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Discussion Starter #1
Okay I have had a snail for two weeks and he is still alive and well, he is grazing on a leaf right now.

But...... I got 10 ghost shrimp yesterday and I believe 7 have died. The bodies were intact and my betta shows no interest in even the smallest ones. The rasboras do not either.

The temperature is a steady 80 degrees nitrates ammonia and nitrites are good. There is no chlorine or chloromines.

I am stumped. I have a 115 year old house that's piping is questionable at best but I don't know if it is copper or if it was changed.

Would any sizable amount of copper that could kill shrimp kill a snail? And they haven't died all at once but slowly, they turn pale, flail about for awhile and die. The pH is neutral as well. Any thoughts?
 

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Snails are inverts.. I think all inverts are intolerant of copper. It could be what's killing them, I think they'd be more tolerant than shrimp for sure.
 

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Discussion Starter #3
But would they die slowly or all at once? Because a few are alive and the snail is fine.
 

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The copper might as well and have been the problem, all invertebrates are intolerant of copper, which is usually why they seem to suddenly die when ich medications are introduc into the tank as most contain copper. They can both survive with a small, diluted amount of copper as my fertilizer for the plants (seachem flourish) contains a very minimal amount of copper, my invertibrates don't seem to be effected in any noticeable amounts

While all invertebrates are intolerant of copper some do better than others, as you've found snails and shrimp are a good example. While shrimp would suddenly perish, snails might do a bit better off in the conditions.

There a even a few more examples in the home Aquarium, Plecos and Corydoras. While both are intolerant of salt as they are scaleless,Plecos tolerate it much better, and Corydoras almost die at a higher amount.

Yes, they would all die at once. At any sign of an unreasonable, unprefered amount of any substance will effect the live specimens within the tank negatively and can easily cause a mass death. Usually effecting the weaker first. Your other shrimp will most likely perish too unless the amount of copper is diluted
 

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Discussion Starter #5
Now the only question is.......

How to remove it? A simple way would be to do a 100 percent water change with RO water. But seeing as that is expensive and more importantly would throw of the balance of my tank.

Would a carbon filter help? How sure are we that this is copper? I really hope it isn't because shrimp are so interesting and I don't want to kill anymore or my snail timothy.......
 

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Seachem's Cuprisorp is an effective copper sensitive resin, that commonly works towards eliminating copper
 

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Discussion Starter #8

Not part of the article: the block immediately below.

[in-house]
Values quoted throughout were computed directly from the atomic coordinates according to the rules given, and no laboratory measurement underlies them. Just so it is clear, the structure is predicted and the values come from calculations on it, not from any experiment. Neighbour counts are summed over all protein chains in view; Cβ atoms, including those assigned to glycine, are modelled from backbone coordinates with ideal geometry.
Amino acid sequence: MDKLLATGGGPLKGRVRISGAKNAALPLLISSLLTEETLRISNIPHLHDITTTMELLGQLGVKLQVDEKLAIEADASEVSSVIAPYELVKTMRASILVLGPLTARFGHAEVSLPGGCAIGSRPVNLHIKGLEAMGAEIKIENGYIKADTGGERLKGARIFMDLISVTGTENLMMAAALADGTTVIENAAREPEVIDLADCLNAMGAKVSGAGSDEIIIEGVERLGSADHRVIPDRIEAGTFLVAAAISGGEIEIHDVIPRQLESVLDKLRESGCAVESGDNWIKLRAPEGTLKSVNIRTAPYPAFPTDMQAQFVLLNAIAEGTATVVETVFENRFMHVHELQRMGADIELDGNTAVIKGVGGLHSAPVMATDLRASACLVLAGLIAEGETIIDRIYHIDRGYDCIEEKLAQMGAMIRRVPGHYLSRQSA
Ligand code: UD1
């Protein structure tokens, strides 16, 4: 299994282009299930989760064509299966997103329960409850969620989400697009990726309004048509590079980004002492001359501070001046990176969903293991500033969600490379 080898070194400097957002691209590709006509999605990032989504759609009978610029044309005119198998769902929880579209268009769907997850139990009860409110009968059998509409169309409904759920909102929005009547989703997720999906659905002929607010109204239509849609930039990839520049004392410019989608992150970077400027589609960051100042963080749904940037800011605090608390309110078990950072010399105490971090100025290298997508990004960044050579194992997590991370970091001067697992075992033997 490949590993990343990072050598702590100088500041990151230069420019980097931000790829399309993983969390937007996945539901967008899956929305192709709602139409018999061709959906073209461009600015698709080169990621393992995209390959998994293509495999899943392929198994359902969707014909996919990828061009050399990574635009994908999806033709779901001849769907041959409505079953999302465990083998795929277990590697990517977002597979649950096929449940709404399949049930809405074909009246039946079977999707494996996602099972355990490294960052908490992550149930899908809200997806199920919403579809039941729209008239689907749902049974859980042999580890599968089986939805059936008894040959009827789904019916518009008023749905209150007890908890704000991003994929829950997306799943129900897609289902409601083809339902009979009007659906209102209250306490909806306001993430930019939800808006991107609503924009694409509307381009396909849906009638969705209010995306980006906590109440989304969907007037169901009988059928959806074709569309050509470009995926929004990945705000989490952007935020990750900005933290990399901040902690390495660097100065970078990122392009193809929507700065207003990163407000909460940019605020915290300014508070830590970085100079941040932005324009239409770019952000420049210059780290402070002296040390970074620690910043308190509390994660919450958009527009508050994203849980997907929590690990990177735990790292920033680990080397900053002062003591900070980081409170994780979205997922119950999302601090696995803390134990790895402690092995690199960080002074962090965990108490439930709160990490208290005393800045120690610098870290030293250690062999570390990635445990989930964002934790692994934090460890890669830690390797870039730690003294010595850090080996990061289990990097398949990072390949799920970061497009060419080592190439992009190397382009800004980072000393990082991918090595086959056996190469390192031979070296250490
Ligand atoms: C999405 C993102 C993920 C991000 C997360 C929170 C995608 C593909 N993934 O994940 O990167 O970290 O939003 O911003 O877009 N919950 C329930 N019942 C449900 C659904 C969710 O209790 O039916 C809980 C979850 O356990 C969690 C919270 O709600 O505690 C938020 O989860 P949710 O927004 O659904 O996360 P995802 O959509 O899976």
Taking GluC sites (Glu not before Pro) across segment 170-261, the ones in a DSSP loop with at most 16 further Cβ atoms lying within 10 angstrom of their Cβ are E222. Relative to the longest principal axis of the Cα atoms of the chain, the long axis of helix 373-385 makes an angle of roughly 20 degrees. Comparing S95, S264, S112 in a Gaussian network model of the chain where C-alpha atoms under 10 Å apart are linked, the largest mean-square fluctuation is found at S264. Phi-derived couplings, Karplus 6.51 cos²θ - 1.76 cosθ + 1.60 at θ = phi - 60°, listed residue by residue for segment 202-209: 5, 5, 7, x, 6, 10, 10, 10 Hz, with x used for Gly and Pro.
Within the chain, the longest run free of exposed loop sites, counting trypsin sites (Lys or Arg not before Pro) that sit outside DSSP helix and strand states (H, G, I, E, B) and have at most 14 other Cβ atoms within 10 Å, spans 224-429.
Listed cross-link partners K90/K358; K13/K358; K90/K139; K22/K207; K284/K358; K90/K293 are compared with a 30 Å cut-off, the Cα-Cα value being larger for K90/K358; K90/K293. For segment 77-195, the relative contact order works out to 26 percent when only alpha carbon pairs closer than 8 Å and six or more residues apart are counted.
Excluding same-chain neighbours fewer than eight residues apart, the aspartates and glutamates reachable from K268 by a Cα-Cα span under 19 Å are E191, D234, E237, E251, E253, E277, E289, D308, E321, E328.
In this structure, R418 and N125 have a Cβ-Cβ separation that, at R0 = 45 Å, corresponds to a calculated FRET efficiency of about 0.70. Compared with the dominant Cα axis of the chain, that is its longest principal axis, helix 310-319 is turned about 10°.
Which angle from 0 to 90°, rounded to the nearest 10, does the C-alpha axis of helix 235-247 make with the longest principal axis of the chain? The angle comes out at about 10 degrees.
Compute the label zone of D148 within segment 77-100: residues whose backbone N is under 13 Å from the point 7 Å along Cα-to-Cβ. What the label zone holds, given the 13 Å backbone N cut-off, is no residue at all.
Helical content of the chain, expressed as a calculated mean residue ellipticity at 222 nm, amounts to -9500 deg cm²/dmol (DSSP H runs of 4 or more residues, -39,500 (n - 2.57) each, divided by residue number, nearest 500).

The shrimp are basically doomed but will timothy(snail) die too? He's been around for two weeks so far.....
 

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depends on the snail's ability to withstand these kinds of conditions. Most will handle it better than shrimp, yet they will still die due to the long term effect it has on all types of invertebrates
 

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Yes, you already said you lost several.. So I'm guessing it'll get him soon :/
 

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Discussion Starter #11
:( several shrimp not snails, I had loaches and they killed my other one. But thank you all for the help I will try to find those chemicals to remove the copper.

Just to be clear this IS a copper issue right? I don't want to add anything unless I have too....
 

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This hasn't been mentioned but it could help a lot. I know that copper leaches in the water MUCH more when you use warm/hot water from your tap.. I believe our water heater adds copper to the water as well. If you have this problem, just fill a large tub with ice cold water, and let it sit until it reaches room temperature, or heat until it is the same temp as your tank water.


From a shrimp website:
"Most important in water is ensuring that chlorine, chloramine and heavy metals are removed with dechlorinators prior to adding to the tank. With their increased sensitivity to heavy metals shrimp are more susceptible to leached ions from hot water systems in which water contact with copper pipes is longer. It is highly recommended not to use any hot tap water when performing water changes."
http://www.planetinverts.com/aquatic_invertebrates.html
 

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Discussion Starter #13
Thank you!!! Another may have died but two I know for a fact are alive. if they live for a week I will rule out copper as the cause.
 
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